Buss attributed the male preference for younger females to certain youthful cues. In females, relative youth and physical attractiveness which males valued more compared to females demonstrated cues for fertility and high reproductive capacity.
Teenage males also report that their ideal mates would be several years older than themselves.
Buss and Schmitt  stress that although long term mating relationships are common for humans, there are both short term and long term mating relationships. Buss and Schmitt provided a Sexual Strategies Theory that describes the two sexes as having evolved distinct psychological mechanisms that underlie the strategies for short long term mating. This theory is directly relevant and compatible with those two already mentioned, Life History and Parental Investment.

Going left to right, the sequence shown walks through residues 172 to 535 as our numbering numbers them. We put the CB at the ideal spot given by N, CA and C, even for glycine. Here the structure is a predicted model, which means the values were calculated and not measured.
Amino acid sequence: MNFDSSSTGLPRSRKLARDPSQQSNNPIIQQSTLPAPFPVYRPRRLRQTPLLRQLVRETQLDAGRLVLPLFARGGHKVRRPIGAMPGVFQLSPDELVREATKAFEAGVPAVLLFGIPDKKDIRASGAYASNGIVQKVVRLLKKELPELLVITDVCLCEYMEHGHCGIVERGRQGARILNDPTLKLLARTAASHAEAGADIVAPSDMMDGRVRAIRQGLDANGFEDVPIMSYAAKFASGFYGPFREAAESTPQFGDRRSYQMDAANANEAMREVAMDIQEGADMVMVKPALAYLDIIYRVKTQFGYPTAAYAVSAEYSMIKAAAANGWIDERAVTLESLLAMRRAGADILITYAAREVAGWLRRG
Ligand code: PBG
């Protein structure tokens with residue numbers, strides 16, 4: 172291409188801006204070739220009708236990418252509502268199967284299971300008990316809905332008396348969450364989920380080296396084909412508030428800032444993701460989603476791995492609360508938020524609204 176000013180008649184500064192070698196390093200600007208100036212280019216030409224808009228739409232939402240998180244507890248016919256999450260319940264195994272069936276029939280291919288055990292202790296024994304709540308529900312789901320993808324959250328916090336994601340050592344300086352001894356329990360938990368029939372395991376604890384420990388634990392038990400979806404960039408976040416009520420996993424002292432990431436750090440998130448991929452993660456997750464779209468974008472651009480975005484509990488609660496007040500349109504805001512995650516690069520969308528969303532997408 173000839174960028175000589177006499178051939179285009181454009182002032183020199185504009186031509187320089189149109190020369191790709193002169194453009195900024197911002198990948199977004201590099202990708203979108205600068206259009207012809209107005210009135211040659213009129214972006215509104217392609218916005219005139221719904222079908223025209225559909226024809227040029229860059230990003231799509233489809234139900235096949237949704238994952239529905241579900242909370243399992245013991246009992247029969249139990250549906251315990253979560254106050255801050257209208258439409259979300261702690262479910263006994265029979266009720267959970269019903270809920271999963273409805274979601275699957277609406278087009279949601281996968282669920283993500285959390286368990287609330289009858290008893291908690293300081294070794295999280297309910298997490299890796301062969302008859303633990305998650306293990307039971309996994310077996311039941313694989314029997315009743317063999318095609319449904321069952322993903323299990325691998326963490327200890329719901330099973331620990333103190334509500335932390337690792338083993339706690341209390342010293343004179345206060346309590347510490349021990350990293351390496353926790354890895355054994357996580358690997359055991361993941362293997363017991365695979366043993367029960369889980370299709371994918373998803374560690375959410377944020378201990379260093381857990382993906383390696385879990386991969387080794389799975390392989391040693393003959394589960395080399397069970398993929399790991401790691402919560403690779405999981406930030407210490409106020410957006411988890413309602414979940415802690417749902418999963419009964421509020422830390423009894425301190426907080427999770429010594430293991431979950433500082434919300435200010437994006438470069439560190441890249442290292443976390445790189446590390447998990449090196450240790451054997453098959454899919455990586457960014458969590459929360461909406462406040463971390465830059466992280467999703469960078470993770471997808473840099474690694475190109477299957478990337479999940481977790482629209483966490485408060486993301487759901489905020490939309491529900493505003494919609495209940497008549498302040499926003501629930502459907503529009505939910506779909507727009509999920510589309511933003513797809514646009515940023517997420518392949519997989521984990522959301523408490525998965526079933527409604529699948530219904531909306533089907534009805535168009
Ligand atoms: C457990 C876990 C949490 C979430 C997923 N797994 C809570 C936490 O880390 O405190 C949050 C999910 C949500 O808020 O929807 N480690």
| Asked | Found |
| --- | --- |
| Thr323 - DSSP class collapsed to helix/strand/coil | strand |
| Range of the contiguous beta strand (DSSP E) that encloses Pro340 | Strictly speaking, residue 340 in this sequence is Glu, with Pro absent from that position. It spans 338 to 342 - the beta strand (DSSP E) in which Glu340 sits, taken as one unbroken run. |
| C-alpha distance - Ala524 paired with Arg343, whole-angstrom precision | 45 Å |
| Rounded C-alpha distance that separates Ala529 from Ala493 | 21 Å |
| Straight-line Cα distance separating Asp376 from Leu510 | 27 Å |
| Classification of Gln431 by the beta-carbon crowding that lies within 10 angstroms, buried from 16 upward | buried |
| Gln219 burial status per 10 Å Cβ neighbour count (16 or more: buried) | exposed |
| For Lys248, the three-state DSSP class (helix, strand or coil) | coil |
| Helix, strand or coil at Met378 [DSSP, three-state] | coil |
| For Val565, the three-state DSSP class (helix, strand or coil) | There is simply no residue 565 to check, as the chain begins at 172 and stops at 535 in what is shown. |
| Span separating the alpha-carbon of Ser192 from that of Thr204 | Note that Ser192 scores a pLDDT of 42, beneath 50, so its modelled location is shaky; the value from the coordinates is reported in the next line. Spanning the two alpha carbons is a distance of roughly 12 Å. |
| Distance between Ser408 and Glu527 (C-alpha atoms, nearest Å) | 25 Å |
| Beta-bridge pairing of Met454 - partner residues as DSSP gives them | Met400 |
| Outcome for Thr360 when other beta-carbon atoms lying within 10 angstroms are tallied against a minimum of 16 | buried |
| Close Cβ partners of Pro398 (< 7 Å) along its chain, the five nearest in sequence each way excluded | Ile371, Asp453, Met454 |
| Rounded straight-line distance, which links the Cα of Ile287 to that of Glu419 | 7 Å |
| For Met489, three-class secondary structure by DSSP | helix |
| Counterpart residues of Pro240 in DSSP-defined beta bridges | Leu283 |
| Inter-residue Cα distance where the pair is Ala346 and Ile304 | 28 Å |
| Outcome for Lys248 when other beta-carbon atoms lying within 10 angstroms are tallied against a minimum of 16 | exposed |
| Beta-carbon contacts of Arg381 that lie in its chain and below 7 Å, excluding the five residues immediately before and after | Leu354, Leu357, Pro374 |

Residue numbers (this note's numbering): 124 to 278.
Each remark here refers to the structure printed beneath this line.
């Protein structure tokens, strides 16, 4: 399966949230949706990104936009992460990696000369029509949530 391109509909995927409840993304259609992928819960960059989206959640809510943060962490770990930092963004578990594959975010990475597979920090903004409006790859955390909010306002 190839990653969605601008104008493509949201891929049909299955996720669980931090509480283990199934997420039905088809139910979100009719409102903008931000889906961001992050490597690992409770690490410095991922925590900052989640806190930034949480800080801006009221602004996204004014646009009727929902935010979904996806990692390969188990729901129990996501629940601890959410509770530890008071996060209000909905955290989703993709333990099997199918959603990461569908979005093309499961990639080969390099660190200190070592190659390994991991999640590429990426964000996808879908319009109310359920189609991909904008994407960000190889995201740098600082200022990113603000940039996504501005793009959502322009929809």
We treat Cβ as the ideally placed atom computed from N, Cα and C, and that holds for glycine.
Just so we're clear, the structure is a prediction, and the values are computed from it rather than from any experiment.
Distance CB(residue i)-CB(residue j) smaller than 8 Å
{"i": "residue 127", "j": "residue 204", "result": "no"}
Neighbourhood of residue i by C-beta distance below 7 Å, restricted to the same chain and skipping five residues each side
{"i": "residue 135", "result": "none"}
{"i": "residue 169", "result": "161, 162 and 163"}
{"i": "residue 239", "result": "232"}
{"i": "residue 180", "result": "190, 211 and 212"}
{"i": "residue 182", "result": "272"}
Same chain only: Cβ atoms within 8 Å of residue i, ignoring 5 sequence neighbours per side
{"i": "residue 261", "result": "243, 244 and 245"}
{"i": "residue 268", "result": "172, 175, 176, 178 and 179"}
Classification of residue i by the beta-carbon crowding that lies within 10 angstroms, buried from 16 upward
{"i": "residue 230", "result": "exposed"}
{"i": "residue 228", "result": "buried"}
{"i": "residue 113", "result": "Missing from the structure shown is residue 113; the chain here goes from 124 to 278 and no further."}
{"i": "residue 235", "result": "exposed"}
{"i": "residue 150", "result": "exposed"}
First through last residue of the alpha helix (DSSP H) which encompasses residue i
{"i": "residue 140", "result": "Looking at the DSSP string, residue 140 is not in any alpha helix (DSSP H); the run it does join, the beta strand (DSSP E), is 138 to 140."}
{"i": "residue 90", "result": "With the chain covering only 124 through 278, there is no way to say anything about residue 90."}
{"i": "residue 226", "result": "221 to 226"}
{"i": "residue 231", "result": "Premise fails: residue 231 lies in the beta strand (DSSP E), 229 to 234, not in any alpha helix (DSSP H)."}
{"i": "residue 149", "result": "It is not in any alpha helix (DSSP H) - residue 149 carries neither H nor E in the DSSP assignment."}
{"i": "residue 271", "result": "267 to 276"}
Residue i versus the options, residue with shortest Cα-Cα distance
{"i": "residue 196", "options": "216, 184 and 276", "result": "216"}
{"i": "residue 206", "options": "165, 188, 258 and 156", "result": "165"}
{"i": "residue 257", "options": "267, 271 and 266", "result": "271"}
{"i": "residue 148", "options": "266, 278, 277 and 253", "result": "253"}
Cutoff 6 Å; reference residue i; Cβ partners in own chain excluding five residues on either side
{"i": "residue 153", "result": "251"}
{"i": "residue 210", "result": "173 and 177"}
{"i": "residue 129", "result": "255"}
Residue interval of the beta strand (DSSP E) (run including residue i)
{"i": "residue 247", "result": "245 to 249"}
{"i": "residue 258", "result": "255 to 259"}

As they are the higher investing sex, females tend to be slightly more demanding when picking a mate as predicted by parental investment theory. In contrast to above, in short term mating, females will tend to favour males that demonstrate physical attractiveness as this displays cues of 'good genes'.
Cross-culturally, research has consistently supported the trend in which males prefer to mate with younger females, and females with older males. Analysing the results further, cross culturally, the average age females prefer to marry is Males however prefer to marry when they are The results from the study therefore show that the mean preferred marriage age difference 3.
The preferred age of females is However, in some regions of the world there is a substantially larger age gap between marriage partners in that males are much older than their wife or wives. A theory that can explain this finding from an evolutionary perspective is the parasite-stress theory which explains that an increase of infectious disease can cause humans to evolve selectively according to these pressures.